Photos by Josh Larkin
Dr. Bryan Alexander is a futurist—as in, he studies what’s next. But on Friday morning at CCV’s annual Faculty Summer Institute at the Lake Morey Resort in Fairlee, the conversation was all about what’s right now.
Alexander is a consultant, author, teacher, and writer, and the bulk of his work is focused on the relationship between technology and education. He spoke at the two-day conference, devoted to professional development for CCV instructors, about “Digital Literacy and Education in 2018,” where he inspired faculty to share some of the most salient challenges and questions digital literacy presents to their students and classrooms today.
The following instructors were recognized at the Faculty Institute for their outstanding contributions to CCV classrooms.
Emily Gannon, Brattleboro
“Lean on your colleagues, lean on your support staff, and lean on your students, who bring such rich perspectives to the classroom.”
But first, what exactly is meant by the term ‘digital literacy’? According to Alexander, there’s not a lot of consensus around this, at least among experts in his field. A quick Google search yields definitions like these: “the ability to find, evaluate, utilize, share, and create content using information technologies and the Internet” (Cornell); “an individual’s ability to produce clear information through writing and other forms of communication on various digital platforms” (Wikipedia); “the ability to use information and communication technologies to find, evaluate, create, and communicate information, requiring both cognitive and technical skills” (American Library Association via Education Week).
Alexander is working to address this question with a research group at the New Media Consortium (NMC), an international organization studying the intersection of technology and education. He began Friday’s presentation by describing the results of two major studies he has undertaken with that group.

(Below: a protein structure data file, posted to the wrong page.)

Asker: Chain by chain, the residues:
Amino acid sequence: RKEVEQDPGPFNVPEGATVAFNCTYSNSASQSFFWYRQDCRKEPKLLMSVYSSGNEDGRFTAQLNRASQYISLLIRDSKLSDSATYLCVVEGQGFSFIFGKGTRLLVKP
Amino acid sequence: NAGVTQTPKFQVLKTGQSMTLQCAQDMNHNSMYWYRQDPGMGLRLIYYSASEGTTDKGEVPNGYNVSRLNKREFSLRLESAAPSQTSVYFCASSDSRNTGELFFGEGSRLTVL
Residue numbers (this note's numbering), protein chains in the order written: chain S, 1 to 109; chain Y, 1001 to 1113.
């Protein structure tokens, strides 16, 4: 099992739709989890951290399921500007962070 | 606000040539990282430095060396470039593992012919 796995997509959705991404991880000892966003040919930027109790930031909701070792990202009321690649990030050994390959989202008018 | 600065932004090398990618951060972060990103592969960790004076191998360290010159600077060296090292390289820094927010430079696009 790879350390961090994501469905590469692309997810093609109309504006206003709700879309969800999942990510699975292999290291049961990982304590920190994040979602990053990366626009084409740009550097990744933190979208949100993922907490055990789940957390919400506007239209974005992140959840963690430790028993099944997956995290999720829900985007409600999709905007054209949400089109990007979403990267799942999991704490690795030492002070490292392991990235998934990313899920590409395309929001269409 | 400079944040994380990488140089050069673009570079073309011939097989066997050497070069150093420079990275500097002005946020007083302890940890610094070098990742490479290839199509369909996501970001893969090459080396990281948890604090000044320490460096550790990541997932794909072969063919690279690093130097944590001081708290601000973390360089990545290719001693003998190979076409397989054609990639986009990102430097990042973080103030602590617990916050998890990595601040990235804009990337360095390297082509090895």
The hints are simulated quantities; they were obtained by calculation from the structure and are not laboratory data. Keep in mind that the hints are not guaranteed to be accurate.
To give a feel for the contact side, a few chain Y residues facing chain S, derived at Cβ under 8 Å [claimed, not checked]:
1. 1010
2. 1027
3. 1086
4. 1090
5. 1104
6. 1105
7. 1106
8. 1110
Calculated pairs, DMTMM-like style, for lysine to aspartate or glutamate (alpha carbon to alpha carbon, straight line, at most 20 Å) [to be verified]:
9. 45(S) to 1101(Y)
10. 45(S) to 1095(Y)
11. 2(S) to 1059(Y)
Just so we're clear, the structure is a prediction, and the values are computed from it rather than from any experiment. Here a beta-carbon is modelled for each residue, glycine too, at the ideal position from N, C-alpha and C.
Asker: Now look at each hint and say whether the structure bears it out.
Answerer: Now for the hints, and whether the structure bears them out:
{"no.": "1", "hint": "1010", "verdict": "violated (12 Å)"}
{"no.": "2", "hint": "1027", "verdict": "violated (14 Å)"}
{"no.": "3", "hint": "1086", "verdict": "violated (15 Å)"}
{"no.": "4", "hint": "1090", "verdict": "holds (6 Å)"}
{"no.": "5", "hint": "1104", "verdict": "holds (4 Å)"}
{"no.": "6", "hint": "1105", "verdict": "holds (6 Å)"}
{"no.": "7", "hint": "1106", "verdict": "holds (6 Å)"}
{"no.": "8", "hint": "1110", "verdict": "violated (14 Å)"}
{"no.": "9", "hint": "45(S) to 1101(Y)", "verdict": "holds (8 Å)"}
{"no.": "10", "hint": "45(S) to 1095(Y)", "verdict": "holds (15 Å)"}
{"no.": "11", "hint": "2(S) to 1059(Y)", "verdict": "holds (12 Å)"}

While there may not be a universally accepted definition of the term, concedes Alexander, there are a few common traits of digital literacy that most, from educational experts to the United Nations to corporations like Mozilla, can agree on. He summarized the findings of NMC’s study into three main points. One, there’s a sequence in common, which begins with media literacy, continues to information literacy and then digital literacy. Two, all three types of literacy require a combination of technical, personal, and social capabilities. And three, learners are social and participatory; as in, digital literacy allows students to be makers and creators in unprecedented ways.
Alexander noted that CCV faculty, like community college faculty around the country, are responsible for teaching a huge variety of skill levels when it comes to digital literacy. For this reason, he drew a comparison between CCV instructors and public librarians. “The people in the U.S. who do the most teaching of digital literacy, hands down, are public librarians,” he said. “I’ll walk in and say, ‘Hi, I’d like some help shooting a 360-degree video,’ and they’ll help me. And then my father, who’s about 90, walks in, and he’ll say, ‘That’s a mouse, and I need to know the next step,’ and they’re happy to help him. And nobody talks about this—public librarians are absolute heroes.” So too, he said, are community college instructors.
When Alexander invited instructors to share their most pressing concerns about the way digital literacy affects learning at CCV, the discussion resulted in a long list of questions, opinions, and ideas. Here are just a few:
-How can we be intuitive about the next phase of technology?
-How do we teach to make accessibility for everyone a reality?
-In the world of fine arts, does using a certain technology make me inauthentic or a fraud? Is my art less meaningful?
-What is the etiquette of digital communication? What is the proper way to address instructors and fellow students in an online world, and what is the proper language for academic discourse?
-How do you build personal relationships with students when they’re online?
-Are we educating our students today to meet the artificial intelligence world of tomorrow?
-How do we manage information overload and the resulting information “tension”?
-There are societal issues around older generations—how do we support their transition into the age of digital learning?
-When students are passive recipients of information, they are passive learners. Part of the mission of CCV is to teach students to become active learners.
-There is a set of challenges associated with understanding and adhering to copyright laws.
-Fake news presents a major social and educational challenge.
As the group broke for lunch, Alexander encouraged faculty to continue talking about these topics with one another, and continue asking the questions that will affect their teaching, their classes, and their students. He summarized the morning’s conversation as a “snapshot of all of you at this moment in time, how you’re facing the digital world, the problems you see, the advantages…almost an ethnography of where you are now.”